A section of the Keystone Pipeline spilled half an Olympic swimming pool’s worth of sludgy oil into a North Dakota wetland on 29 October. Cleanup is underway, but ecologists say that residue from this type of oil spill could persist in the wetlands for a long time.
“There is big difference between conventional oil and the oil that we mine in Canada’s oil sands region” where the oil in this spill came from, said Diane Orihel, an assistant professor in aquatic ecotoxicology at Queens University in Kingston, Ontario, Canada.
The tar sands oil that runs through the pipeline from Canada “contains a heavy oil called bitumen,” she said. “This bitumen is like peanut butter. It’s hard to push peanut butter through a straw. Likewise, it’s hard to push bitumen through a pipeline.” The industry cuts the sludge with a lighter gas, called a diluent, to flow it through the pipes, “somewhat like thinning a soup that’s too thick.”
The combination of diluent and bitumen is called dilbit. When spilled, “at first, the dilbit will float, but as the diluent…is blown off to the atmosphere, the heavy stuff—that is, the bitumen—sinks,” Orihel said.
Oil spill researcher Christopher Reddy at the Woods Hole Oceanographic Institution in Woods Hole, Mass., said that “this material is so sticky, for lack of a better word, it does make it manageable. It’s going to stick to anything, and so you can remove it relatively quickly.” The company responsible for the leak, TC Energy, scoops up oil-soaked soils and sediments from the affected area, half an acre of wetland in this instance.
“The ultimate goal when you respond to an oil spill is always to try to keep a bad thing from getting worse,” Reddy said. “Those folks who are the decision-makers are deciding that removing that oil from the system is more advantageous than leaving it there.”
Callback to 2010 Spill
This oil spill is similar to another spill that happened in 2010, not the Deepwater Horizon spill in the Gulf of Mexico, but the oft-overshadowed Kalamazoo River spill in Michigan. A lot of what researchers know about bitumen’s effects on aquatic environments comes from studying that event or laboratory experiments.
“Whereas scientists have been studying conventional oil spills for many decades, diluted bitumen as a field of study in ecotoxicology is very young in comparison,” Orihel said.
Orihel learned from her lab experiments “that the window of time to clean up a diluted spill into fresh water is very short. We observed that the bitumen quickly, i.e., within 24 hours, became more dense and viscous, and consequently sank. We also observed changes in the abundance and species composition of the lower food web in response to experimental spills of diluted bitumen.”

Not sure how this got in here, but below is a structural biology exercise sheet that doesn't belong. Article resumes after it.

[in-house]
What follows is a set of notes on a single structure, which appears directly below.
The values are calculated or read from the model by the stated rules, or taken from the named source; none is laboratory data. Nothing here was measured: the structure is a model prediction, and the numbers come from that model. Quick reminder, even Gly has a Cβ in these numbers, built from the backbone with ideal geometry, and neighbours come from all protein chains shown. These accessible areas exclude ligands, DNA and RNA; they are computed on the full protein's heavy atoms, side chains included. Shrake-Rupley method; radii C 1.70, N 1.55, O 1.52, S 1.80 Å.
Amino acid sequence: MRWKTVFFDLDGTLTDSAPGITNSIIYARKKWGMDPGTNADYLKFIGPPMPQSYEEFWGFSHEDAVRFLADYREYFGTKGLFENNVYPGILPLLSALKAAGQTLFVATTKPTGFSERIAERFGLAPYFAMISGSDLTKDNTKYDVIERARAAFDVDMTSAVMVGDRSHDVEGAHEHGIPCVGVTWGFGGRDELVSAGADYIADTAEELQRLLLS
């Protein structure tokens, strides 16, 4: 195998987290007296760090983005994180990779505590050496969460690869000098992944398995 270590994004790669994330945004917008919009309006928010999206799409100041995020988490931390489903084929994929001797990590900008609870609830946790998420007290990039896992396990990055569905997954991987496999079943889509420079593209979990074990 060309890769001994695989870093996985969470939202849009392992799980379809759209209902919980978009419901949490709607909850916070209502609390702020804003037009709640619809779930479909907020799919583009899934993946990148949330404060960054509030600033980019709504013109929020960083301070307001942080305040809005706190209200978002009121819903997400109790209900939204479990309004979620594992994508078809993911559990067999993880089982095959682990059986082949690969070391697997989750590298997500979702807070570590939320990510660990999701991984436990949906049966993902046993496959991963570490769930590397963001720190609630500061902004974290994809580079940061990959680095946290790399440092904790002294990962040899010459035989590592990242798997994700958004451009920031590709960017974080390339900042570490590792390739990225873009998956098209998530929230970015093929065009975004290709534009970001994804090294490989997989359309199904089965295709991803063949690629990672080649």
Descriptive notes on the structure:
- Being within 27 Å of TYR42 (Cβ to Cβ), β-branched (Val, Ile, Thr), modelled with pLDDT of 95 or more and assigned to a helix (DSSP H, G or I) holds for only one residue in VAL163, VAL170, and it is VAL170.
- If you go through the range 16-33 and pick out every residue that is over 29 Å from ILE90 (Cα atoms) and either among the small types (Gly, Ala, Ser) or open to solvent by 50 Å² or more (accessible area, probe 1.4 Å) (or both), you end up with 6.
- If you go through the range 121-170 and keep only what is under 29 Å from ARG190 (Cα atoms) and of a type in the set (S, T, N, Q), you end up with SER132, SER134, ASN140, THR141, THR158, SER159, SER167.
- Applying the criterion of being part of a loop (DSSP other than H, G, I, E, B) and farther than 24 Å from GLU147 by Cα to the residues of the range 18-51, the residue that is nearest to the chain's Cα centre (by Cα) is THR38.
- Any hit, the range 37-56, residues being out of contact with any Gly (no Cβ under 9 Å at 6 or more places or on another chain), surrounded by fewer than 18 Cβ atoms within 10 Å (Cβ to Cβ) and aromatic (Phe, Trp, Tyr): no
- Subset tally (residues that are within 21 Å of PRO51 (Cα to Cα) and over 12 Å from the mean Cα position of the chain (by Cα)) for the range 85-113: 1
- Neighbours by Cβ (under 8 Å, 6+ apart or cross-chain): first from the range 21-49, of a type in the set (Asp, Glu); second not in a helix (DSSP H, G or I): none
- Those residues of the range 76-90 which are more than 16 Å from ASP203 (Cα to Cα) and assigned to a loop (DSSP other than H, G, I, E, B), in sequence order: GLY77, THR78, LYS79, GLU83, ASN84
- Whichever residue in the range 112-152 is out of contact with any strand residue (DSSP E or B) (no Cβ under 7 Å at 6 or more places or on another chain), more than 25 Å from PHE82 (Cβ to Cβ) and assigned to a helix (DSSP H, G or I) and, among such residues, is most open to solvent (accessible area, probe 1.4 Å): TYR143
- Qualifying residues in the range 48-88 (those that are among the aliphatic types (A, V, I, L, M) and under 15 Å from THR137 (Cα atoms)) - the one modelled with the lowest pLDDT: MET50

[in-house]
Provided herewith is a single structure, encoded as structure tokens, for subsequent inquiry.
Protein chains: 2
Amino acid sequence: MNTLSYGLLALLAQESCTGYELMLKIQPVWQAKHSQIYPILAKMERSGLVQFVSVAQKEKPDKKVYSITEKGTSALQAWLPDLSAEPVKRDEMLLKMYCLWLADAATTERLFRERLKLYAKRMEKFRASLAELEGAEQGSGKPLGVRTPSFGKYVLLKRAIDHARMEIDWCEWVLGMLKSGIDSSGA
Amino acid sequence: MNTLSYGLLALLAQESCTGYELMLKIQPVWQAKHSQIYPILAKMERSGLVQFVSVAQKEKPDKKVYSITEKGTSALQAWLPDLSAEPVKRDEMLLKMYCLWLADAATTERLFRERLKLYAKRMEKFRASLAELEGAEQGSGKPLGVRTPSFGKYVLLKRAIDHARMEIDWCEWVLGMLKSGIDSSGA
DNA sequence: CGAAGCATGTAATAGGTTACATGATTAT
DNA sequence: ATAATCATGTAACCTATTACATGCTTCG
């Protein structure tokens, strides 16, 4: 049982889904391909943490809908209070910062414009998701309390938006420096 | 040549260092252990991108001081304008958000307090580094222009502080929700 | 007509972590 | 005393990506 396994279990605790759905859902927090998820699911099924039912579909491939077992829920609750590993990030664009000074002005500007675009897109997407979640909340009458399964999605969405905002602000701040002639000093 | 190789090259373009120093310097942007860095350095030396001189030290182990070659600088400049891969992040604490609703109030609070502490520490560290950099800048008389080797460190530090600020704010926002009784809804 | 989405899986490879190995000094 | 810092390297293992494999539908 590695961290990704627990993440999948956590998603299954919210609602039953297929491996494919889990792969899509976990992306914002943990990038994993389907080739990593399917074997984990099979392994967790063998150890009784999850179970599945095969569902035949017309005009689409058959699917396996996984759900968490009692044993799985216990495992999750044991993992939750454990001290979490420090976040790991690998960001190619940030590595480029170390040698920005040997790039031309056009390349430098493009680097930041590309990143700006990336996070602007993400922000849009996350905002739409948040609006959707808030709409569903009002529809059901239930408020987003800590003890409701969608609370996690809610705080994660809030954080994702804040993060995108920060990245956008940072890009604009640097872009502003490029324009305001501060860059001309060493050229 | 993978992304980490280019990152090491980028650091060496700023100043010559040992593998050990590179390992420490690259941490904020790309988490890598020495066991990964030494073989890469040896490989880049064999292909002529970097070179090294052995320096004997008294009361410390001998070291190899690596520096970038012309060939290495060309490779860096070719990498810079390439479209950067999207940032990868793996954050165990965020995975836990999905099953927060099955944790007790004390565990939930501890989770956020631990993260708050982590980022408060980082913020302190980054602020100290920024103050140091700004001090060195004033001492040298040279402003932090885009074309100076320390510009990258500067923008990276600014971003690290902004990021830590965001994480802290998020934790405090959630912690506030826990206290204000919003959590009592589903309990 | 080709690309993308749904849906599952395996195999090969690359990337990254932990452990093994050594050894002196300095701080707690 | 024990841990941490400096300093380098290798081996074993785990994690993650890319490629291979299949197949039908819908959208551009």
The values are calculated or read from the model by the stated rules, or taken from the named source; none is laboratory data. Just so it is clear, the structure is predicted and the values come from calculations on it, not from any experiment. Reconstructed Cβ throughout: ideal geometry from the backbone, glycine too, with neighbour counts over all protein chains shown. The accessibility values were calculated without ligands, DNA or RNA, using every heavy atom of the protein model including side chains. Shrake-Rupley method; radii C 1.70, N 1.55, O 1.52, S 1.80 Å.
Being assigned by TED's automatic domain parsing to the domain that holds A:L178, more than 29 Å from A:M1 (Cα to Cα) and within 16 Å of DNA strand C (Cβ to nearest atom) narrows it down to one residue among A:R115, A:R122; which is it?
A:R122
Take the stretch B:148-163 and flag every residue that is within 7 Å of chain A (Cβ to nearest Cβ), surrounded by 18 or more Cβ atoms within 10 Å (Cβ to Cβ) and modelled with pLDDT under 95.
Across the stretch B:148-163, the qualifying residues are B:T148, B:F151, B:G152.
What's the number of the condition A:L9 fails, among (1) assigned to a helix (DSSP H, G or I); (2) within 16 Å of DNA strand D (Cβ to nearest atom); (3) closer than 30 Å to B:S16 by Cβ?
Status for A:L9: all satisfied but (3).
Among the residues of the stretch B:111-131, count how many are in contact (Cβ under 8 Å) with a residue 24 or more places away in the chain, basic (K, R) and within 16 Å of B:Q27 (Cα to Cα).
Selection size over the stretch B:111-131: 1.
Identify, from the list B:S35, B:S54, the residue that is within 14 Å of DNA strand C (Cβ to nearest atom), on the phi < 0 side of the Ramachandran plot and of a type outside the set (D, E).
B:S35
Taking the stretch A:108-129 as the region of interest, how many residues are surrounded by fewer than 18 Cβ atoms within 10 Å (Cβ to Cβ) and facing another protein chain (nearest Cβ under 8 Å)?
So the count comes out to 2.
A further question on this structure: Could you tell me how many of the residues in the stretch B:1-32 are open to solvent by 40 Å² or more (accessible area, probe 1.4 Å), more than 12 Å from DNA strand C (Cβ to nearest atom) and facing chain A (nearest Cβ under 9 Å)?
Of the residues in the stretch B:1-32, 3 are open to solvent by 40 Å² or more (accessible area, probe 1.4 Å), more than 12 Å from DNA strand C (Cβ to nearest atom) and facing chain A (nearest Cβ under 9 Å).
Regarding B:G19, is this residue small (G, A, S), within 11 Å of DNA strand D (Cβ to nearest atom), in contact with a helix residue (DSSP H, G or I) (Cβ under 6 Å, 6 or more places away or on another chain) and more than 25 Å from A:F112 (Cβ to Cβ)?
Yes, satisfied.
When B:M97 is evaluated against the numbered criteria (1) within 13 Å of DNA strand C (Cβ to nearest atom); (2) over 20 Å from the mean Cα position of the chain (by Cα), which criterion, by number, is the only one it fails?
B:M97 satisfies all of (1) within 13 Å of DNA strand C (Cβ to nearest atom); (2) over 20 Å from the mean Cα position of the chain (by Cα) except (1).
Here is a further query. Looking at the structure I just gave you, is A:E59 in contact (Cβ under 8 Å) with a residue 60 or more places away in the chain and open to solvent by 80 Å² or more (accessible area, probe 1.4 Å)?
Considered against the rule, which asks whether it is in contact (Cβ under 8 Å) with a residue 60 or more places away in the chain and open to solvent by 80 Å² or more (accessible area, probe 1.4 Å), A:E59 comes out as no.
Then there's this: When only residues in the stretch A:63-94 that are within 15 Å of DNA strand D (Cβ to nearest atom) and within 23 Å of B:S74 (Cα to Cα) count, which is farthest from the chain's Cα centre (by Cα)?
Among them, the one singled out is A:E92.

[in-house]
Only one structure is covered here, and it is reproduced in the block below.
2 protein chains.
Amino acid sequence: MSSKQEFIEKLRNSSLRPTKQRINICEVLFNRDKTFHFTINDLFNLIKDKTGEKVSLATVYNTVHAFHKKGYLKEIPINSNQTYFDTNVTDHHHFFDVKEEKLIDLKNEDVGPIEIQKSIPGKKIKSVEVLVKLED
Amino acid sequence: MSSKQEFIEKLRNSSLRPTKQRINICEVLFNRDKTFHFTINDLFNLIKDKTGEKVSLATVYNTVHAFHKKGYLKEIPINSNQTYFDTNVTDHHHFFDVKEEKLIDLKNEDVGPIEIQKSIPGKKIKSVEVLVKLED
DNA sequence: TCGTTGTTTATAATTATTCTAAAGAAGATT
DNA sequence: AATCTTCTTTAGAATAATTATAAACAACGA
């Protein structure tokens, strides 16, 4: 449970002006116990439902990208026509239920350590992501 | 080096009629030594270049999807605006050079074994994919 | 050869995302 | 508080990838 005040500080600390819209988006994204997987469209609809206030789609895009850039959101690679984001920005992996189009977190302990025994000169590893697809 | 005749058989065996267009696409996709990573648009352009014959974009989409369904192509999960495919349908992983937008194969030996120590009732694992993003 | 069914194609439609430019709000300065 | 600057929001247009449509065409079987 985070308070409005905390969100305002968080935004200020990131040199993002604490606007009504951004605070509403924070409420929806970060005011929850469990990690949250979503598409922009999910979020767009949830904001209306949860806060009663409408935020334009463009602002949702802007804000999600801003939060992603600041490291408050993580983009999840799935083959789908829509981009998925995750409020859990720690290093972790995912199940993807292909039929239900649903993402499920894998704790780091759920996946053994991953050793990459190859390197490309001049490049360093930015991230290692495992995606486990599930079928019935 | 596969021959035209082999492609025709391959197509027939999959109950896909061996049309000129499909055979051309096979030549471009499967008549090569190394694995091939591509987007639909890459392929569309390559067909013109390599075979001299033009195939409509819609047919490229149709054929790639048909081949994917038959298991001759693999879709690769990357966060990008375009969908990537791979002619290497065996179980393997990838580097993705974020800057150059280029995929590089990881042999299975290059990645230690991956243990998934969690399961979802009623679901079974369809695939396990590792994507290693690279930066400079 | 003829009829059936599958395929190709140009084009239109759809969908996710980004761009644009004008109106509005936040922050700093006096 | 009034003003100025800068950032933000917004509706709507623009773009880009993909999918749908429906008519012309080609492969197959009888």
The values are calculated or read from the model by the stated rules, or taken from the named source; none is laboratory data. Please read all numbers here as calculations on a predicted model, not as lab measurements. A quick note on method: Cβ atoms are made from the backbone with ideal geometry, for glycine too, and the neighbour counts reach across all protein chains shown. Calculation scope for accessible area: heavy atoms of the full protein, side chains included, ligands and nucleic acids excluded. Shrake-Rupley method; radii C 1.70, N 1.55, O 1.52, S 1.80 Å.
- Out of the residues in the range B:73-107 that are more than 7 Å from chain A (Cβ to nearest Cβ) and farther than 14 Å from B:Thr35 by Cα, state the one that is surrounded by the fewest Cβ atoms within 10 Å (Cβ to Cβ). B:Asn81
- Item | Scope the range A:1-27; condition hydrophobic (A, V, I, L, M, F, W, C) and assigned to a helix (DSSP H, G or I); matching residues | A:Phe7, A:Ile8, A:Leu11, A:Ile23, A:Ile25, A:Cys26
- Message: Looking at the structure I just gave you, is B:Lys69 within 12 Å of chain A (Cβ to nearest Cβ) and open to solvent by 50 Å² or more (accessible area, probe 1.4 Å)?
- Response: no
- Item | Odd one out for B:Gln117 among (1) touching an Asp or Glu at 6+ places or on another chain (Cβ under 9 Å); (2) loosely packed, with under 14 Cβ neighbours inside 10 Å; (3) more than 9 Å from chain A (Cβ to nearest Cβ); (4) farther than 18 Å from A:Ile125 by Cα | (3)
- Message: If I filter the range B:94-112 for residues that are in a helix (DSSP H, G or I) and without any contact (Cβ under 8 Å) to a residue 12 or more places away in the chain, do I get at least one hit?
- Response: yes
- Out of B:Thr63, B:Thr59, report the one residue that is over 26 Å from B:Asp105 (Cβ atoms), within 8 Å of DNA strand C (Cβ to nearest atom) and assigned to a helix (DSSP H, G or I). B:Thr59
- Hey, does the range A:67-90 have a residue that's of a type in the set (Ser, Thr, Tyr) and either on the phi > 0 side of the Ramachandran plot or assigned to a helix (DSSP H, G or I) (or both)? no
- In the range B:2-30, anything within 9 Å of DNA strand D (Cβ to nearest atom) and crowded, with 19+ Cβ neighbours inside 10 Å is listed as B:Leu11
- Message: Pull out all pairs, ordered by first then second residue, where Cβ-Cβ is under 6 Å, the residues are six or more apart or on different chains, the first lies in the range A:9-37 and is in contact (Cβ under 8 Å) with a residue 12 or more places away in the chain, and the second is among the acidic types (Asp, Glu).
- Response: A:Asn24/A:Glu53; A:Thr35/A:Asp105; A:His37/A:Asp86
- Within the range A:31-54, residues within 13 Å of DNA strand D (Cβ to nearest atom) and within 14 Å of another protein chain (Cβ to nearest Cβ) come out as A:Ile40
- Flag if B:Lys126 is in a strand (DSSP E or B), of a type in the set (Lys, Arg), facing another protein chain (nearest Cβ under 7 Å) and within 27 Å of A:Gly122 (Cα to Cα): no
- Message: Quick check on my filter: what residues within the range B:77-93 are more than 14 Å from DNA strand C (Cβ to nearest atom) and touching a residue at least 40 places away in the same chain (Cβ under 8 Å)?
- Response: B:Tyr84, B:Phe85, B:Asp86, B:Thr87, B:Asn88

They also measured the concentrations at which dilbit becomes lethal to some aquatic microbes, but there is little to no research on the sublethal and long-term effects on complex aquatic organisms, she said.
Reddy’s team has been working on samples taken from the Kalamazoo site. “When the Kalamazoo River spill occurred in 2010, the water was pretty high, so it actually left a ring around the collar of a tree. We’ve been scraping oil off the tree bark and looking at it.”
In the 9 years since the Kalamazoo spill, the bitumen created a hardened hydrocarbon layer on the bark. “The compounds that make up this material as it gets weathered has really no great affinity…to do anything but be stuck to the tree,” he said.
That is, as the material dries out, it’s less likely to leech toxic chemicals into the environment. “Persistence in the environment is not necessarily the same thing as potential harm to the environment,” Reddy added.
“On the flip side, we’re not talking about the diluent, which does have compounds that potentially have a much greater chance for injury,” he said. “They’re also ones that would be more likely to dissolve in or find themselves preferentially enriched in water…and they also have a lot of bioactive punch that could impact the wildlife around that area.”
However, the diluent’s potential toxicity “has to be put in the context of who will be there to be potentially exposed and for how long,” Reddy said. Last week’s spill occurred about 5 kilometers northwest of Edinburg, N.D., a not-farm-heavy town of less than 200 people.
Not the First Spill
“Cleanup is progressing pretty well,” said Karl Rockeman, director of water quality with the North Dakota Department of Environmental Quality. “As of [6 November], they had recovered approximately 6,000 barrels of oil.” TC Energy updated this recovery estimate to 6,800 barrels, or about 75% of the total spill volume, on 7 November. Teams are now excavating the damaged pipe for an off-site investigation into what caused the leak.
“There has been air and water monitoring in place cooperatively between ourselves and the responsible party,” Rockeman said. “To date, none of that monitoring has shown any public health impact off of the site. It’s not showing the impact of the oil is moving off of the site. That’s also very good news.”
However, “we don’t fully understand the damage that diluted bitumen causes to wetland ecosystems,” Orihel said, so it’s difficult to know whether lasting damage has already been done to the affected wetlands despite the quick response time.
TC Energy initially estimated that the Keystone Pipeline would leak about 50 barrels every 7–11 years. This is the fourth spill in 9 years in the existing pipeline, each of which has spilled hundreds or thousands of barrels. The Edinburg spill has amplified the voices of indigenous peoples, affected residents, and environmental activists who continue to protest the approved Keystone XL expansion, scheduled to begin construction in 2020.
—Kimberly M. S. Cartier (@AstroKimCartier), Staff Writer